Taxpayers received Department notification in September 2008 of an overpayment on their 2004 personal income tax return including a blank application for refund requiring that it be completed and returned. Taxpayers completed and delivered the application on February 5, 2009. The refund was denied as it was requested late. NMSA 1978, §7-1-26 requires that a claim for refund must be filed within three years from the end of the calendar year in which the payment was due. A refund request for 2004 personal income tax, due in 2005 must be requested in 2008.  Taxpayers protested claiming they had not received the instructions to the application for refund; that a Department employee indicated completion of the refund application was unnecessary; and Taxpayers could apply the refund to 2008 taxes. The issue is whether the Taxpayers are entitled to a refund and whether estoppel should be applied against the Department.  Taxpayers’ reliance on a Department employee’s oral representations was not determinative in this case.  The Taxpayers protest is denied.



Kimberly and William Flores

The Taxpayer engaged in babysitting services for pay from the State of New Mexico, CYFD, in the years 2005 and 2006.  The Taxpayers filed their 2005 and 2006 personal income tax returns indicating income from these services on Schedule C of their federal returns, but they failed to file gross receipts returns.  The Department assessed Taxpayers for unpaid gross receipts tax, penalty and interest for both 2005 and 2006, and applied an refund to offset the tax liability due. Taxpayers were engaged in business and are responsible for the gross receipts tax and interest. The Department correctly offset the rebate amount and Taxpayers are not entitled to a refund of the offset rebate as the Department acted properly in applying the offset to the outstanding liability.  In regard to the penalty, the Department was ordered to abate any penalty imposed above 10% as the law increasing penalty to 20% was not in place at the time these taxes were due.  The Taxpayers protest was granted in part and denied in part.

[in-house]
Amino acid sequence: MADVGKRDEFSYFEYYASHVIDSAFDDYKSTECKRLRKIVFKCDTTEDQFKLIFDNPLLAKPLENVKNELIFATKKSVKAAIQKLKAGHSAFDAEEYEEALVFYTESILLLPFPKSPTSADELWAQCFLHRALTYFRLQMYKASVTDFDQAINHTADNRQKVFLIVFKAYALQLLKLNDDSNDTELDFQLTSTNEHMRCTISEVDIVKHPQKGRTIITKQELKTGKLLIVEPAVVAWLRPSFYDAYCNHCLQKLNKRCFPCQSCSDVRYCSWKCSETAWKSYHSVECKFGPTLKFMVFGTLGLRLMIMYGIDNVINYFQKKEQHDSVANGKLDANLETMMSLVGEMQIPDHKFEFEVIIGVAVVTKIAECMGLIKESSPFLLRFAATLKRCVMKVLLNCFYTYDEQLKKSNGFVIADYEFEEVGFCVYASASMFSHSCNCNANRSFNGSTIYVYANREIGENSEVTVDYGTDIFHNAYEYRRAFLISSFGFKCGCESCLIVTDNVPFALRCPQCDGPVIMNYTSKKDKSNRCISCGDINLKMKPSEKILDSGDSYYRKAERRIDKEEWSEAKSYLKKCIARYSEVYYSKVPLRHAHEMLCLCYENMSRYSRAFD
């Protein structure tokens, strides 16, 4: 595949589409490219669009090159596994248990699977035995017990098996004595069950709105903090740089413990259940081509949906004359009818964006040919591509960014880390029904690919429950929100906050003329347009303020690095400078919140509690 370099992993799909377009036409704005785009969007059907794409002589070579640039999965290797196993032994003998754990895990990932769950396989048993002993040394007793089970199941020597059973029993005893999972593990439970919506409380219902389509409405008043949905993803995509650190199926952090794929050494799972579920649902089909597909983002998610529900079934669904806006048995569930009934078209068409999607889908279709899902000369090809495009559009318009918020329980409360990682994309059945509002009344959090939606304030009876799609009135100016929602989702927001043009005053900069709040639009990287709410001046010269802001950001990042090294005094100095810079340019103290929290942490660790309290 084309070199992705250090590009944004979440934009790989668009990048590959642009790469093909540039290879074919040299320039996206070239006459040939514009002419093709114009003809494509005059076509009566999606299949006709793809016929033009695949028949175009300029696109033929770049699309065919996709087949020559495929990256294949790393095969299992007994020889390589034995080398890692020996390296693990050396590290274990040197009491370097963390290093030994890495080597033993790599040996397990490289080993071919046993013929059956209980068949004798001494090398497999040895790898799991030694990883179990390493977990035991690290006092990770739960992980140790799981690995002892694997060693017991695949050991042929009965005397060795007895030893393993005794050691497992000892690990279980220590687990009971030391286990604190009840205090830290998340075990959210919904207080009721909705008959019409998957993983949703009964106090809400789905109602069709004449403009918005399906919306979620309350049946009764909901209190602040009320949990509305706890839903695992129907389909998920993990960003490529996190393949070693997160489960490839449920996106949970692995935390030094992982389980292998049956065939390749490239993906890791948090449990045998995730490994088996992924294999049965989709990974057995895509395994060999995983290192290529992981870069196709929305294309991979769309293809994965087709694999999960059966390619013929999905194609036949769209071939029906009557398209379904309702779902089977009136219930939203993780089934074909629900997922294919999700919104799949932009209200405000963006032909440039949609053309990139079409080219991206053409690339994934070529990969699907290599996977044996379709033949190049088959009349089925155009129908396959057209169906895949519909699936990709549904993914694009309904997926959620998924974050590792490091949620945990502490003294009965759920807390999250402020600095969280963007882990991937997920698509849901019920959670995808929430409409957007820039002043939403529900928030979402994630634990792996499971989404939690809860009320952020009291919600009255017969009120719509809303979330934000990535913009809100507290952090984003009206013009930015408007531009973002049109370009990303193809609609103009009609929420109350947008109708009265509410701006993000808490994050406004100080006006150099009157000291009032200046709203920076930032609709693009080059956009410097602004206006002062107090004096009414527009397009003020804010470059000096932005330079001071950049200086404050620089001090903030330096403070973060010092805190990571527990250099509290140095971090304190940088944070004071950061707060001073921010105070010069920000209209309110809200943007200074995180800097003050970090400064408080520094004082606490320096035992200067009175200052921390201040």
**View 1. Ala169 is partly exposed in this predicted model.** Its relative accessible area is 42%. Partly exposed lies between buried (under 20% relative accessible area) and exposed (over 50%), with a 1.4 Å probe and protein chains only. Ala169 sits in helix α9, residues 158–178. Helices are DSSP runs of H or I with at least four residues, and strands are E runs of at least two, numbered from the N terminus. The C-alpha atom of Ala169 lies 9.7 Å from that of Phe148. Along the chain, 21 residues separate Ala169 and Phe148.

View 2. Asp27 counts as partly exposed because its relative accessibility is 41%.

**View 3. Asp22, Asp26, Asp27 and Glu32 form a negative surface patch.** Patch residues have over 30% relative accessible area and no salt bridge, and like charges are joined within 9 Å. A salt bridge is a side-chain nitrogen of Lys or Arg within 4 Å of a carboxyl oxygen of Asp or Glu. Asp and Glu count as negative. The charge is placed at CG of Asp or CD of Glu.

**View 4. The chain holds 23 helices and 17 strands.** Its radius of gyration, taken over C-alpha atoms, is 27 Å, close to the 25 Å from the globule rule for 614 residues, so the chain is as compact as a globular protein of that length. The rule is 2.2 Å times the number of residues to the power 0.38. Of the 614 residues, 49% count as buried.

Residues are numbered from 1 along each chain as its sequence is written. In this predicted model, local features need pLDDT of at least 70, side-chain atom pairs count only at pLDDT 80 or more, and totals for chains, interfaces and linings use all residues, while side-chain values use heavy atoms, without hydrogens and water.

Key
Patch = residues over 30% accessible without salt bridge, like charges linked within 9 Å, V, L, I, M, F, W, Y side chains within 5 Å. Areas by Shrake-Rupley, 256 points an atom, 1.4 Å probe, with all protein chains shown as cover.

NOTE: The New Mexico Court of Appeals has overruled the 10% penalty issue mentioned in this decision.  (Case No. 30,932)




Lonyta Viklund & David Galloway